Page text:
Tuesday, July 25, 2006

The Fiendish Plots of Habib Marwan

A Boxed Set Review

I believe that season 4 of 24 is still held as the programs strongest in terms of ratings. It certainly is engaging and different from its predecessors in several ways. First off the season begins with an almost entirely new cast, though many previously established charters do return to the program by its finall, Kim however (much to the joy of many fans who find her annoying) does not. The season also differs in that there is only one primary villain, Habib Marwan (Arnold Vosloo) a Turkish born terrorist leader who heads a surprisingly secular seeming group of Islamic radicals. The Muslim extremist from season 2 seemed pretty true to our expectations of those groups, whereas season 4's badies have no problems working with non-Muslim mercenaries, having very western relationships with women, and hardly mention their religion. Mostly they just want Americans to butt-out of the affairs of other nations, much like the disillusioned former British intelligence officer who was Season 3's final villain.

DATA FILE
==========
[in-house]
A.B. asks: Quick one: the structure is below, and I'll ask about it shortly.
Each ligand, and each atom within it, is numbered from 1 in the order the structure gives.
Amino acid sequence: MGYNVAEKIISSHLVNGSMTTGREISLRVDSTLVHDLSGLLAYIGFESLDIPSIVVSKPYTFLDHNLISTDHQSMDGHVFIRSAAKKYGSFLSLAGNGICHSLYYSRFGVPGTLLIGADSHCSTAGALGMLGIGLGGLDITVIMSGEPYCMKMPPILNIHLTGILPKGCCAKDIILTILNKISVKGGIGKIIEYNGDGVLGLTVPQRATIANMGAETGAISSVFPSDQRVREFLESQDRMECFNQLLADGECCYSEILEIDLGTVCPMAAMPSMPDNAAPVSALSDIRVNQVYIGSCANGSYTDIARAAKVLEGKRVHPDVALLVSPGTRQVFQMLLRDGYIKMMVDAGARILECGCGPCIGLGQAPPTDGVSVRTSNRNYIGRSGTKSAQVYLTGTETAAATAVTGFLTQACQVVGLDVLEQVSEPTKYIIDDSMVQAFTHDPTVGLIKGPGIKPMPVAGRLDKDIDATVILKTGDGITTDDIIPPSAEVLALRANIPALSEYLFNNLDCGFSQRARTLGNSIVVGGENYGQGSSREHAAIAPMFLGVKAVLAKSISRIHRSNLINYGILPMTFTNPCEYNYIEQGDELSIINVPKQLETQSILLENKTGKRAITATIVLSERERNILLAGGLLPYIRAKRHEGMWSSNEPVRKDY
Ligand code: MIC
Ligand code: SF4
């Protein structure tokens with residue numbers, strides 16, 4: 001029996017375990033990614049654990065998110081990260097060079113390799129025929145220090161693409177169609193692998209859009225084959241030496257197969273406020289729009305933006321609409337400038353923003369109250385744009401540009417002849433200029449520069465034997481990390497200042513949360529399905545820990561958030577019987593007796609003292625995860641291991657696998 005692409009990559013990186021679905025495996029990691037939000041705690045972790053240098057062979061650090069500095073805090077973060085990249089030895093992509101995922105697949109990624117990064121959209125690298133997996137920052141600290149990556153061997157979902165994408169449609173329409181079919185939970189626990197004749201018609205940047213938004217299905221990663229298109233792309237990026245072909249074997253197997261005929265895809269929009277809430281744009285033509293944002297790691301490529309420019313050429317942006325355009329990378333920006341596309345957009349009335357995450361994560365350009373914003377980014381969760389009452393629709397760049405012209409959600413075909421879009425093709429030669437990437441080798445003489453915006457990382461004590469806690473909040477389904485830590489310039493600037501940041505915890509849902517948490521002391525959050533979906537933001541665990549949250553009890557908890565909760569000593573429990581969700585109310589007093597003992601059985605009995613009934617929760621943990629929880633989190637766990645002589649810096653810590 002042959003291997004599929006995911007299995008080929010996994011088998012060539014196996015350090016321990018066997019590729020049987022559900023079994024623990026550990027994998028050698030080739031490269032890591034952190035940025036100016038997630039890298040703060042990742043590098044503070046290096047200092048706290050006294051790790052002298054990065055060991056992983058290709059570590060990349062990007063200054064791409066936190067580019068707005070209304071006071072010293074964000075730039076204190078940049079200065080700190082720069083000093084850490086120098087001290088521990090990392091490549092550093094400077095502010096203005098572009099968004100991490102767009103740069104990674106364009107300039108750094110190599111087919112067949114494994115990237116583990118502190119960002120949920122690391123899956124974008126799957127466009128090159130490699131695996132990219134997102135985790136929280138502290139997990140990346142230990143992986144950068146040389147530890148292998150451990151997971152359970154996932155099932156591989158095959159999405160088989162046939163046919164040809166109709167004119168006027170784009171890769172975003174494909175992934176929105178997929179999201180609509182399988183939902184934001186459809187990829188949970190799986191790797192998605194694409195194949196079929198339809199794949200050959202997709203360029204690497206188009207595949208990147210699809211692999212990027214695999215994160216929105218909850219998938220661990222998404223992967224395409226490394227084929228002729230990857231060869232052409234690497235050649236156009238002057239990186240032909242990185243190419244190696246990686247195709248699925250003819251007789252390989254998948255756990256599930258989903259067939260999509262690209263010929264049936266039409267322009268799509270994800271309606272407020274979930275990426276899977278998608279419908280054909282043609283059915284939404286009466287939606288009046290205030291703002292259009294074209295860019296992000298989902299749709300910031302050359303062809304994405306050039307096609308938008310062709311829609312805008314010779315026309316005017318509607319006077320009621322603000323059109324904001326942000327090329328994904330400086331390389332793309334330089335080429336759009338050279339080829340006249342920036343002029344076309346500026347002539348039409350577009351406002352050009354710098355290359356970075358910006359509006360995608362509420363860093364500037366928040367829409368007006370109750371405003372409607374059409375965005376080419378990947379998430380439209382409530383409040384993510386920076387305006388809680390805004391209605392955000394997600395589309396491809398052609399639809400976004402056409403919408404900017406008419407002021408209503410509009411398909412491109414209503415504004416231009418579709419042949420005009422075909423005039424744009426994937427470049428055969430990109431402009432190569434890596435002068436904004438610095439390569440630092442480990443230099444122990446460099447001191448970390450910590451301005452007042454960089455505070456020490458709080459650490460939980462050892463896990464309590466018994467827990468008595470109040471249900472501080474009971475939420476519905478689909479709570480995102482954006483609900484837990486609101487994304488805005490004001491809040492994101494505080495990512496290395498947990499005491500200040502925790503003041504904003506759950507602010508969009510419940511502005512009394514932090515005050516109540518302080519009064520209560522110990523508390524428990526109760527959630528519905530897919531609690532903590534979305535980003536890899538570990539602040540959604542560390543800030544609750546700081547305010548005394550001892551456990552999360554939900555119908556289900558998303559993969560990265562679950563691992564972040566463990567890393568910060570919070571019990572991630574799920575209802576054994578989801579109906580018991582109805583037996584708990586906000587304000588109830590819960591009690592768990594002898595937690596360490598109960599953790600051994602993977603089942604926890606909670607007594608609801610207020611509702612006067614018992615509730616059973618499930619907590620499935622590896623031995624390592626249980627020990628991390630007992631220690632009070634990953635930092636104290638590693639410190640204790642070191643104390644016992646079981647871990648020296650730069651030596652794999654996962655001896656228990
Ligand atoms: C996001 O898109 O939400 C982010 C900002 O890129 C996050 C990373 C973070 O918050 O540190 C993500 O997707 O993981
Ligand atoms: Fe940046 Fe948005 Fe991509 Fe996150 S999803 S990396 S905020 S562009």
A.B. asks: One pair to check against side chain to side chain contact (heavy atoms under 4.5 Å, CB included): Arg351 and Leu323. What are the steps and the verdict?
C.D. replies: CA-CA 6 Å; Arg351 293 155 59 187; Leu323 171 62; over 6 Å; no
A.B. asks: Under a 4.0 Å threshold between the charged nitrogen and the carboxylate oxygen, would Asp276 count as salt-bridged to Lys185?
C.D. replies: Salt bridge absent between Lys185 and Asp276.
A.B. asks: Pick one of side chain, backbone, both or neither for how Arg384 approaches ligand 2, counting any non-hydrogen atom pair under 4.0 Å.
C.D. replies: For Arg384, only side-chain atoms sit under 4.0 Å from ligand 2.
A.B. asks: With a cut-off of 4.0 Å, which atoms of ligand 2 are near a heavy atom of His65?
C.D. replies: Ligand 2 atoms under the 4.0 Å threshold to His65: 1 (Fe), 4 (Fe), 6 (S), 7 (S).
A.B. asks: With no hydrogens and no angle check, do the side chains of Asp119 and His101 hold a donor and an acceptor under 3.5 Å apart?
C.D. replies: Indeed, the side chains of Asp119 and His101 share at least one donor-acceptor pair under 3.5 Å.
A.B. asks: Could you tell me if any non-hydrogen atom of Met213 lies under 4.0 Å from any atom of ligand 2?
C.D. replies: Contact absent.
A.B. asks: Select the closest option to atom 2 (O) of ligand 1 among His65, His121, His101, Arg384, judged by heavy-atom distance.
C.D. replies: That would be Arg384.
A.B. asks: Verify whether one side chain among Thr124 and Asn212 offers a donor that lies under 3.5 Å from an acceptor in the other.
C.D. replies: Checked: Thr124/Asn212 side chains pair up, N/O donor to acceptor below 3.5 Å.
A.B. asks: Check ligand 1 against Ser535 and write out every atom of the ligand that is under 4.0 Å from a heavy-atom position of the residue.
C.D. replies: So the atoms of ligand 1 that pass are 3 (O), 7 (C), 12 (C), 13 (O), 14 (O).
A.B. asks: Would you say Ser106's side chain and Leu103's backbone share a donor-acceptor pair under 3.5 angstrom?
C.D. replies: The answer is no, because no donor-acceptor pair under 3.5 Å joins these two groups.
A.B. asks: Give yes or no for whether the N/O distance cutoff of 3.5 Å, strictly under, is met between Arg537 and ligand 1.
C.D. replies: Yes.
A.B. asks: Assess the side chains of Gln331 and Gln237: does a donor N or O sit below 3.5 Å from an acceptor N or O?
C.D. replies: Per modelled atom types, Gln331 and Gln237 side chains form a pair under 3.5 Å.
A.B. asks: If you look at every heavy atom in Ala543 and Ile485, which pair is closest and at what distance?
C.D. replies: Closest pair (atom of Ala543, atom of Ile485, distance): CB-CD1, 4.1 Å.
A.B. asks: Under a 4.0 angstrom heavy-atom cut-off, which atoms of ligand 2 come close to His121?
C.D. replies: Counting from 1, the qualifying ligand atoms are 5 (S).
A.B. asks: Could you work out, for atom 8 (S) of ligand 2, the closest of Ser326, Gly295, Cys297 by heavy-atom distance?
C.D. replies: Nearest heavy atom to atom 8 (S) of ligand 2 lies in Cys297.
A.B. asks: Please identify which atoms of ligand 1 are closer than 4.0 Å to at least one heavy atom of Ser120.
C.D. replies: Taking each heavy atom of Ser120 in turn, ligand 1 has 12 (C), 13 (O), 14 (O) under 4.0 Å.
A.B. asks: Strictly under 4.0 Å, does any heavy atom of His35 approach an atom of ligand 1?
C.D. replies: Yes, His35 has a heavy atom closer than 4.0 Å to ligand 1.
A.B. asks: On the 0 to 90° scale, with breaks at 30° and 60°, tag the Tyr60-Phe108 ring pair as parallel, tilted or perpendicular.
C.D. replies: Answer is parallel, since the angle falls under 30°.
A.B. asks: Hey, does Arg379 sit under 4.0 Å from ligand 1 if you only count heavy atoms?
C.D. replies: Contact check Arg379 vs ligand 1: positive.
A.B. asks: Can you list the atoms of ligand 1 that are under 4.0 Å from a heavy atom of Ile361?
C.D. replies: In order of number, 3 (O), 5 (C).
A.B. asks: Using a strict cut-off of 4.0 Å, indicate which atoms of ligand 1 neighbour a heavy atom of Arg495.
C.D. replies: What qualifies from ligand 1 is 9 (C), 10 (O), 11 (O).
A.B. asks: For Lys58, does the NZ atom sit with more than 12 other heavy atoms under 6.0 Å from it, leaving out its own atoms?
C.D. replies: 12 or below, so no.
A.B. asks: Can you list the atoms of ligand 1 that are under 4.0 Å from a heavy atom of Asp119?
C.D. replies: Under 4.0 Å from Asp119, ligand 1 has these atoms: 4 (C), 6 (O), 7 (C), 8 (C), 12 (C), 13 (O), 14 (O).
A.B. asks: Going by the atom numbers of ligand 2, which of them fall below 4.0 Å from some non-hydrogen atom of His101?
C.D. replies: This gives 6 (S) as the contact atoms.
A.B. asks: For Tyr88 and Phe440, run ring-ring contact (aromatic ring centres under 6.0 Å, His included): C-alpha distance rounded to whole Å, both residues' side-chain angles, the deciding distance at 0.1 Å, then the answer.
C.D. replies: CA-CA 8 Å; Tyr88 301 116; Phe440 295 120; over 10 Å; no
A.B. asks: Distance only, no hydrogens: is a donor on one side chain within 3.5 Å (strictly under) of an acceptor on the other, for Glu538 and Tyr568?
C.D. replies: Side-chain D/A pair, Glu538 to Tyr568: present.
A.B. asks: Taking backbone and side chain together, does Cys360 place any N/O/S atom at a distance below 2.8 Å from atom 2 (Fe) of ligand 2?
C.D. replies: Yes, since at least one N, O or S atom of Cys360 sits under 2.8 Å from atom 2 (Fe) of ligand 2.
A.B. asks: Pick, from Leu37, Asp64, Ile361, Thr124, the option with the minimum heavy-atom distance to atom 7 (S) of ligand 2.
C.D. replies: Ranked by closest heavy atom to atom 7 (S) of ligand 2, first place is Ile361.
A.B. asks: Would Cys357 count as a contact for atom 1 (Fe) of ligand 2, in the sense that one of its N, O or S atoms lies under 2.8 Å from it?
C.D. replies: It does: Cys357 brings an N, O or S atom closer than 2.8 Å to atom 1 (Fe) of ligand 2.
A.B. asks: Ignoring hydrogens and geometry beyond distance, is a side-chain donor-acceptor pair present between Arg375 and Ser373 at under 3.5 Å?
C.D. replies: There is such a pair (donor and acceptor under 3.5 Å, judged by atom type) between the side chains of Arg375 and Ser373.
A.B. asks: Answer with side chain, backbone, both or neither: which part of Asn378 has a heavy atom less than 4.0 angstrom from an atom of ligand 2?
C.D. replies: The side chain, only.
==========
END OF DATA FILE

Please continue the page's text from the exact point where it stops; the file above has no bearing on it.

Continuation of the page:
Of course being open to other allies was probably essential to this group of terrorists, )and keeping the season intersting) as they had a pretty ambitious agenda for day 4: derail a passenger train, kidnap the Secretary of Defense, meltdown a nuclear powerplant, steal a stealth bomber and use it to shoot down Air Force One (leaving the President in a comma), and steal and launch a nuclear missile from Iowa towards a major American city (and who was surprised it turned out to be Los Angeles).

In terms of new characters I liked the Hellers (William Devine and Kim Raver as his daughter), as well a Paul Rains (James Frain) and Edger (Louis Lombardi). Curtis (Roger Cross) was cool, Erin Driscoll (Alberta Wastson) grew on me, and Gregory Itzins vice-president, and later president Charles Logan was great as one of those characters you almost enjoy being annoyed by. Shohreh Aghdashloo of House of Sand and Fog fame made her terrorist mother character something far above any stereo-type. Also the lovely Mia Kirshner's Mandy (though not really a 'new' character, but developed more here then ever before) has the same voice inflection and dark looks of a young Mary-Louise Parker.

Anyways Season 4 was great, though my heart belongs to the dramatic symmetry of Season 2 (and by extension Sarah Winter). Now I am stuck in that wasteland waiting for the Season 5 DVD release.


At 11:51 AM, Blogger Nate Dredge said...

If you buy or rent the DVD boxed-set make sure that you watch the "mobisodes". These are 24 one minute long episodes that tell a parallel story to the events of season 4 set at the D.C. offices of CTU. It's kind of campy and low-budget, and the lead character just can't act worth anything, but its kind of fun.


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